Organic Wu Yi Big Red Robe

Tea type
Oolong Tea
Ingredients
Not available
Flavors
Apricot, Brown Sugar, Cocoa, Earth, Floral, Mineral, Molasses, Smoke, Stonefruit, Tobacco, Wet Rocks, Wood
Sold in
Not available
Caffeine
Not available
Certification
Not available
Edit tea info Last updated by __Morgana__
Average preparation
195 °F / 90 °C

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  • “Last caffeine of the day, but first let’s play count the pu-erhs that I have in my cupboard but haven’t written about. This is going to be a lot because I’m sort of afraid of pu-erh. Not of how it...” Read full tasting note
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1 Tasting Note

93
1994 tasting notes

Last caffeine of the day, but first let’s play count the pu-erhs that I have in my cupboard but haven’t written about.

This is going to be a lot because I’m sort of afraid of pu-erh. Not of how it tastes, but of making it correctly.

But I’m thinking that when I’ve made it through all the blacks in the cupboard I’ll have to gird my loins and go after these.

It’s not as intimidating as I thought. I have 21 untasted, unwritten about pu-erhs in the cupboard. However, I have many, many more samples that I have not entered in the cupboard.

What I’ve been doing with the oolongs is probably what I’ll do with the pu-erhs. I’ll taste a max of 2 per tasting a day, one a sample and one in the cupboard, until I get to the end of either of those groups.

This one has beautiful, chocolate to black colored leaves that are big and twisty. They have a sharp wood-mineral-stonefruit note in the tin.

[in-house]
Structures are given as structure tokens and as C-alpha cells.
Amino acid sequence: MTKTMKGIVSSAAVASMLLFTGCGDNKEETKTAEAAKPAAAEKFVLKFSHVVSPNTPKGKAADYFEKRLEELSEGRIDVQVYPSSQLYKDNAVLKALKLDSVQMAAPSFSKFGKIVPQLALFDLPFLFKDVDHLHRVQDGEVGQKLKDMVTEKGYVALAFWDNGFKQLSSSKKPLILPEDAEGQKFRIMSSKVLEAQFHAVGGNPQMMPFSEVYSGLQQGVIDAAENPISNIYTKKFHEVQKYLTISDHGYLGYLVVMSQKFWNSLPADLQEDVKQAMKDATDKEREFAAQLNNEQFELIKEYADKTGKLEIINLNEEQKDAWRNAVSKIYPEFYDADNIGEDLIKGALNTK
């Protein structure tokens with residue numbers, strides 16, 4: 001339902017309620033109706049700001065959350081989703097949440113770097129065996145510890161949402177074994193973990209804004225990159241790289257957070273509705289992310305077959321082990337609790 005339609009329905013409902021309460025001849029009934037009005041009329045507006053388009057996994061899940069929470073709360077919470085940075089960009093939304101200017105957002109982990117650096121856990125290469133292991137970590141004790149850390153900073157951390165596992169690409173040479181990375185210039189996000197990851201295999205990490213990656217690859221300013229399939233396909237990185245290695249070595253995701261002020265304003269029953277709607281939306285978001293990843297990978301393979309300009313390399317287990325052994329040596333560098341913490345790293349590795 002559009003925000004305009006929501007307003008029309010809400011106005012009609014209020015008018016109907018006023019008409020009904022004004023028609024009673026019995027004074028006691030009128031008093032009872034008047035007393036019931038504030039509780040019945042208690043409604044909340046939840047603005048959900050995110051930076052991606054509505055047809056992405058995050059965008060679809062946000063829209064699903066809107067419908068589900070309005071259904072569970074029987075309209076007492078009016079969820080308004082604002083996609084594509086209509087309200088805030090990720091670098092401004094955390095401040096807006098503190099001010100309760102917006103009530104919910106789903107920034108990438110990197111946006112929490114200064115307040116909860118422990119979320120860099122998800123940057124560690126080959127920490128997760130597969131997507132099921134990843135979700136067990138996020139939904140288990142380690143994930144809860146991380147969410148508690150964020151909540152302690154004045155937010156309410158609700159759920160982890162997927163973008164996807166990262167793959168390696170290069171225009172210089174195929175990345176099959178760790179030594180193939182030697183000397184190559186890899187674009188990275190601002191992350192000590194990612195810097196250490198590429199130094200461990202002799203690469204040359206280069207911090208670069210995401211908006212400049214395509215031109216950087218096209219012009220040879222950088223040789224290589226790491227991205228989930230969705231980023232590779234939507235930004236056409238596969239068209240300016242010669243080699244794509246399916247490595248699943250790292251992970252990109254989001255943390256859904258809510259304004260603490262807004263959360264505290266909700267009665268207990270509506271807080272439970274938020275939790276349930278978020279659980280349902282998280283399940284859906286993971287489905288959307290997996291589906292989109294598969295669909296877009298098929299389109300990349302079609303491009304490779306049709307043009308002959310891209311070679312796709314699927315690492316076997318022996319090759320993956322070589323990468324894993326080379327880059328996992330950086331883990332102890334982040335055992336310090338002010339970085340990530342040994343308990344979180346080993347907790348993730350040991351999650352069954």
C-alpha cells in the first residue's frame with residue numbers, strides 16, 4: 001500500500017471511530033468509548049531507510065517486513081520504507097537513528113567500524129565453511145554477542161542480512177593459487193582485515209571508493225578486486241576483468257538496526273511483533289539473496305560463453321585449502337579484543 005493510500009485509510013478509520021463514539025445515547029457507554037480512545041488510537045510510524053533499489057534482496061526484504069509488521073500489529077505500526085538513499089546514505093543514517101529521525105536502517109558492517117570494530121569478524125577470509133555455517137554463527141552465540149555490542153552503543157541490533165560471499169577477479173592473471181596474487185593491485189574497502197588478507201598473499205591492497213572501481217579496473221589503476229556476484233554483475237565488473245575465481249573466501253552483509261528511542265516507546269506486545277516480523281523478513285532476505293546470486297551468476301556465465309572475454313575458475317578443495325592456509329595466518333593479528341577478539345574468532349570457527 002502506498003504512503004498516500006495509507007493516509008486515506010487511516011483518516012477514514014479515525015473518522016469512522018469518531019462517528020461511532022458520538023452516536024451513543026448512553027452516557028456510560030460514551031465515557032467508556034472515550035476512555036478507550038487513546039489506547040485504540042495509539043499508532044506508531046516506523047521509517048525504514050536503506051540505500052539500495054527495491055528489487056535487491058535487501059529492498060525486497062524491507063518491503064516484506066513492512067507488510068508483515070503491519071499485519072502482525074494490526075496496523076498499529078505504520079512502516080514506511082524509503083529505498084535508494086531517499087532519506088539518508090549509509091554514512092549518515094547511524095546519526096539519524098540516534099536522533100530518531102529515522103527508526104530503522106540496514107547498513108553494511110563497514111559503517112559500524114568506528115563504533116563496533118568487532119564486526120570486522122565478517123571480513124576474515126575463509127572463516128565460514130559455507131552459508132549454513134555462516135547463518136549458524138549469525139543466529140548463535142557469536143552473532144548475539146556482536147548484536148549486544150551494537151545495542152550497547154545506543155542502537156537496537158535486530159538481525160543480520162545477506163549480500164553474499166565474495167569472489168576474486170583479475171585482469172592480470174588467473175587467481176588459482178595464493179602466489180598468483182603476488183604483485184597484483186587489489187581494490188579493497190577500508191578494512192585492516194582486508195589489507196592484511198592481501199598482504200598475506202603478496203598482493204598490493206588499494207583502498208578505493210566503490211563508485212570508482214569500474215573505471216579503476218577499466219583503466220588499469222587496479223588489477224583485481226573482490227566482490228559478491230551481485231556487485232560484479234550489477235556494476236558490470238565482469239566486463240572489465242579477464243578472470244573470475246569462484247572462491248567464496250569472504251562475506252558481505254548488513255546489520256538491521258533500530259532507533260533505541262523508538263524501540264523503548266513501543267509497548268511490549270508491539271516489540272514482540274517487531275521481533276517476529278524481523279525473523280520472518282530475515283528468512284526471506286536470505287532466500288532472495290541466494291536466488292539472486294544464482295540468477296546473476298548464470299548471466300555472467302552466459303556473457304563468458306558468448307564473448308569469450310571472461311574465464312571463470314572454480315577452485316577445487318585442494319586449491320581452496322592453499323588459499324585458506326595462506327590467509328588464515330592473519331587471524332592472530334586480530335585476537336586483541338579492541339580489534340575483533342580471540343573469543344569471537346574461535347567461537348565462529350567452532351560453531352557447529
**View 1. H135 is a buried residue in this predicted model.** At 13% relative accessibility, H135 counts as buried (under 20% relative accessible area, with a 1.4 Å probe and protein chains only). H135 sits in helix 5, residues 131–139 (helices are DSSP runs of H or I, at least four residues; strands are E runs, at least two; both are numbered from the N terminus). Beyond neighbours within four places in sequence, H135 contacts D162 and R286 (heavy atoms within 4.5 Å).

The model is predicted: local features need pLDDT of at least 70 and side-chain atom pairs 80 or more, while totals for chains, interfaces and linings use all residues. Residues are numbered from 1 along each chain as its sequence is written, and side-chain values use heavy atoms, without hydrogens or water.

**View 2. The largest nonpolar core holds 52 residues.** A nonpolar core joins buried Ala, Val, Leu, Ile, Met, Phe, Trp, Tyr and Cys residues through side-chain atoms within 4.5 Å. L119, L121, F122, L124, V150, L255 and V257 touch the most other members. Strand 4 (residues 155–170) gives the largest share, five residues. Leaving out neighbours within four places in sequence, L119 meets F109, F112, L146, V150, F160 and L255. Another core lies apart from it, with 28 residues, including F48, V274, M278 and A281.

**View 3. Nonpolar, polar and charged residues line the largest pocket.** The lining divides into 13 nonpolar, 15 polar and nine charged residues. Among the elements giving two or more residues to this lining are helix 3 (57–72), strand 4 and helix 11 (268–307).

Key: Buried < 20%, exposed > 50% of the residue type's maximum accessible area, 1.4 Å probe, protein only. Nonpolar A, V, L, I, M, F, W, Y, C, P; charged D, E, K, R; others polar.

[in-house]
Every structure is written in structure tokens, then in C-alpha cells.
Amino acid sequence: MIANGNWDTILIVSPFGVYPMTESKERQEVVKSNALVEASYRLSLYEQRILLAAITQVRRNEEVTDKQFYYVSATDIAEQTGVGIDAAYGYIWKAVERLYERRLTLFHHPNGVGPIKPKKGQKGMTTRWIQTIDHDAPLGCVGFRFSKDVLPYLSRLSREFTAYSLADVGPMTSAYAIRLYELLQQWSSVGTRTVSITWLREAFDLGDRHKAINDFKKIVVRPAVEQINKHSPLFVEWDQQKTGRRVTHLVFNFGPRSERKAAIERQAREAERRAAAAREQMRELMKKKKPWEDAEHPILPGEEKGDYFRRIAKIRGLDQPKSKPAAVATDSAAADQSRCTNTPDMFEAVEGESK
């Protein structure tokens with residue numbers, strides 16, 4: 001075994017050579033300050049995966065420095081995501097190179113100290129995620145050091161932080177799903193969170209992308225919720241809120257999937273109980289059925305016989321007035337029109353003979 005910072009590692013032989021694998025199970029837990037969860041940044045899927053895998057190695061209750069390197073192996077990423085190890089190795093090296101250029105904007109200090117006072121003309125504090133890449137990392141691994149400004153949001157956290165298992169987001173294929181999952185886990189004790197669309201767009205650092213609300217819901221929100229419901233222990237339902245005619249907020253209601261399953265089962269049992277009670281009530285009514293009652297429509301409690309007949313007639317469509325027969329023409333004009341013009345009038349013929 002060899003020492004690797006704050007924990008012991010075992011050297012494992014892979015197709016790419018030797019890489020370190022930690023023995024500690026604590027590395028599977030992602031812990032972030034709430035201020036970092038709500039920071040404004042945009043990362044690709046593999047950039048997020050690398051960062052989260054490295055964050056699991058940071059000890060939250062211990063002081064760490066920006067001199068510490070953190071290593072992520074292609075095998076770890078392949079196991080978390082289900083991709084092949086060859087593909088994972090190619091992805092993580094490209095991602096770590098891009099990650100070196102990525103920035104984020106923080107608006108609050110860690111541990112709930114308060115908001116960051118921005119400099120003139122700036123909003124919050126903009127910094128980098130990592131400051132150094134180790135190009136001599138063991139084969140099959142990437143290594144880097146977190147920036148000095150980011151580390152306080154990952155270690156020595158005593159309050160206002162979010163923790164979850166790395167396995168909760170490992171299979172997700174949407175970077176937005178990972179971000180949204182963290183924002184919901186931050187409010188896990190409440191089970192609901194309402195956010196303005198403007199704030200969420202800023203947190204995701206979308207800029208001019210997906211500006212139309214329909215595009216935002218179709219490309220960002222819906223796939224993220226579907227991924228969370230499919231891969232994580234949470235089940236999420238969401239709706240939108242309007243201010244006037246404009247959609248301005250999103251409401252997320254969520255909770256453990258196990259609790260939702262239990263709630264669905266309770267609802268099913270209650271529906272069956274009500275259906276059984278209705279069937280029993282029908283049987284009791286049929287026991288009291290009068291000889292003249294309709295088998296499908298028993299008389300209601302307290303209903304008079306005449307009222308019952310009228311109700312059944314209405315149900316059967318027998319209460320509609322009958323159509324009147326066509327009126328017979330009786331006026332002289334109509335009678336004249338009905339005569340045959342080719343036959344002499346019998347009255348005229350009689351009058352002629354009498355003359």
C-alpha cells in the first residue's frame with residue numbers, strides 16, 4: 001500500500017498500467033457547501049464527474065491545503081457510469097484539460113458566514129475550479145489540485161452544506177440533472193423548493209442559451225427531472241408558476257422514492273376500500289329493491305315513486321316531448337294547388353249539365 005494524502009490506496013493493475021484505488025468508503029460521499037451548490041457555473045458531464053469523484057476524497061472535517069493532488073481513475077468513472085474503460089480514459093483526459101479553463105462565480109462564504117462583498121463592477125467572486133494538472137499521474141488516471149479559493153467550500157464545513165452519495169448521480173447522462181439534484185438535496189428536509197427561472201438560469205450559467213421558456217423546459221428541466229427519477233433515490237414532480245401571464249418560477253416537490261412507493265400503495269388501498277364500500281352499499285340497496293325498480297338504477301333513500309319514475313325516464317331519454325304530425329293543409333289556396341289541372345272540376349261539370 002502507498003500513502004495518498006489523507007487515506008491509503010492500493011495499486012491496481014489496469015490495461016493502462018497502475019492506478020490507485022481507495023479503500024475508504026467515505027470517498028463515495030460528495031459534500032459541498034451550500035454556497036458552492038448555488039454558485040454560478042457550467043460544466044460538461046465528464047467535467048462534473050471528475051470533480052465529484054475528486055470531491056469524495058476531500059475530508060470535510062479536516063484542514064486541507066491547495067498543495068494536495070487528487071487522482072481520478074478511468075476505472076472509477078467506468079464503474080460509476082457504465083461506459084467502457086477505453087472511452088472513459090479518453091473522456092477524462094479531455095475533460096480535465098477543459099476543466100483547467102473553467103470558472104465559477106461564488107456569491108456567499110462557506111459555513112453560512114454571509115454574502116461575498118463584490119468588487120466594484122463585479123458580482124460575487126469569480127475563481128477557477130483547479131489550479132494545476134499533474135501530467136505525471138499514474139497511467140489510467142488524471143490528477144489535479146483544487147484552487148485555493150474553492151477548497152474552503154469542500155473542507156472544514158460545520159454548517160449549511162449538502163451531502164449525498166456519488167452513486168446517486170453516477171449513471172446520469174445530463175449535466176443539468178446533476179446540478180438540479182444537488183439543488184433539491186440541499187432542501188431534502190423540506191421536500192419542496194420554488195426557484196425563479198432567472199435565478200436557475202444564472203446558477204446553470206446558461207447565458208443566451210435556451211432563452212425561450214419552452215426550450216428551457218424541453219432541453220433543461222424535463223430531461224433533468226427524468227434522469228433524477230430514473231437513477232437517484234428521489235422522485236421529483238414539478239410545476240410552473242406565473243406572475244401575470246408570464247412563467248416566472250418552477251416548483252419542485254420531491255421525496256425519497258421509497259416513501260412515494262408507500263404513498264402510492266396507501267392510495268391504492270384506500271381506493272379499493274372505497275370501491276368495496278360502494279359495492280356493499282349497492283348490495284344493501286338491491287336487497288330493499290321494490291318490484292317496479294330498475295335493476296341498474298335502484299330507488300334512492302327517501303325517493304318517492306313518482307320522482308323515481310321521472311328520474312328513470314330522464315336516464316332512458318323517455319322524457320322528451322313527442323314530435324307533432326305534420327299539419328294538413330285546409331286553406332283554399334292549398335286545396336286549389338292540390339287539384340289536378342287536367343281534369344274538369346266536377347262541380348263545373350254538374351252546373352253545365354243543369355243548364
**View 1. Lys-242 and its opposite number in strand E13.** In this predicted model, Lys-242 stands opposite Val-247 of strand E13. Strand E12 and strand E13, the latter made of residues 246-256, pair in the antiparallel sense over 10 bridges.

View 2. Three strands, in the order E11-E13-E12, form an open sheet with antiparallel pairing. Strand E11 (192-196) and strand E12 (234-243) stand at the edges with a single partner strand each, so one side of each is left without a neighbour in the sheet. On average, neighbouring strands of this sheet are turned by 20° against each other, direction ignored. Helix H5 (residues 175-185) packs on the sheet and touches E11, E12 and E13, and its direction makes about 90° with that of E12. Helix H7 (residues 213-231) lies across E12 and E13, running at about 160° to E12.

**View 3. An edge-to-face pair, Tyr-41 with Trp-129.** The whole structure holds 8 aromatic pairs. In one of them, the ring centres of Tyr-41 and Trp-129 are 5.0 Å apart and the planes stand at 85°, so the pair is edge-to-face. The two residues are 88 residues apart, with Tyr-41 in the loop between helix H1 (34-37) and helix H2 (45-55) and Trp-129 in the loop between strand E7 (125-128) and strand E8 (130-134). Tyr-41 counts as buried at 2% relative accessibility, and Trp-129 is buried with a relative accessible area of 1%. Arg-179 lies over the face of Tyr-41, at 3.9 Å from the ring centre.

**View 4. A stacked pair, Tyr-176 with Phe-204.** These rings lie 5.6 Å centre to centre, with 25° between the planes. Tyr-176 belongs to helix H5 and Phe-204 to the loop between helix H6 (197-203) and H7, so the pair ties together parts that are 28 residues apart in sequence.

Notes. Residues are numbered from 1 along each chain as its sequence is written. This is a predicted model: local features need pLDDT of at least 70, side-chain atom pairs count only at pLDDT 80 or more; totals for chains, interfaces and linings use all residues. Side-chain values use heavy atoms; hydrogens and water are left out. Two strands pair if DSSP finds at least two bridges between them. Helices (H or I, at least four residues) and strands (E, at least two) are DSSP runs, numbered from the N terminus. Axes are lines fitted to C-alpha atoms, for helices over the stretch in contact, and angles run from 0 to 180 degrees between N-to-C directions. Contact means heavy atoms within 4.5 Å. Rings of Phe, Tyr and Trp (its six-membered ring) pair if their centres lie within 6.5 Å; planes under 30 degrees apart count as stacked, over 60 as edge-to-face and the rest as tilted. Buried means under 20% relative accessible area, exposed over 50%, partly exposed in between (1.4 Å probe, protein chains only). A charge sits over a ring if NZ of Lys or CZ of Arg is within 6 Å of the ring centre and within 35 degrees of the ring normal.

Short steeps after rinsing. Starting at 15 sec at 195F. In the gaiwan.

The color is a really pretty apricot, and clear. I smell apricot-like stonefruit as well, and something darker and sweeter, like brown sugar. The sharpness of the dry leaf aroma isn’t apparent in the sip. It’s quite smooth. The tea has an earthy, slightly sweet flavor that also brings in a note of rocks after rain.

The second steep brought out an unexpected floral note and a hint of something that straddles cocoa and smoke. There’s a deceptiveness to this tea. It seems pretty straightforward, but the more you taste it the more it reveals its complexity.

The third steep heads back to the stonefruit notes but still with a floral aspect. If asked, I’d say I prefer green oolongs to dark. But when I drink something like this, I am reminded that I also quite enjoy dark oolongs. The aftertaste of the third steep has something about it that makes me think of masculine decor and hunting lodges. Dark wood, leather, cigars. I don’t really taste leather, I just think of it. But I do taste a wood note, and a tobacco one.

The fourth steep makes me think of dark sweet things like molasses, though I don’t think it really tastes like molasses so much as caramelized sugar.

I was so enjoying the flavor parade that I went for a fifth steep (I’m really fighting impatience here, as I must must must get on the Peloton imminently or I won’t have time to exercise before my haircut). I could do more were I not short of time.

The last steep didn’t change much from the previous one, which makes me feel less bad about not sitting with this longer.

This is all kinds of interesting and complex. For that, I give it high marks.

Flavors: Apricot, Brown Sugar, Cocoa, Earth, Floral, Mineral, Molasses, Smoke, Stonefruit, Tobacco, Wet Rocks, Wood

Preparation
195 °F / 90 °C

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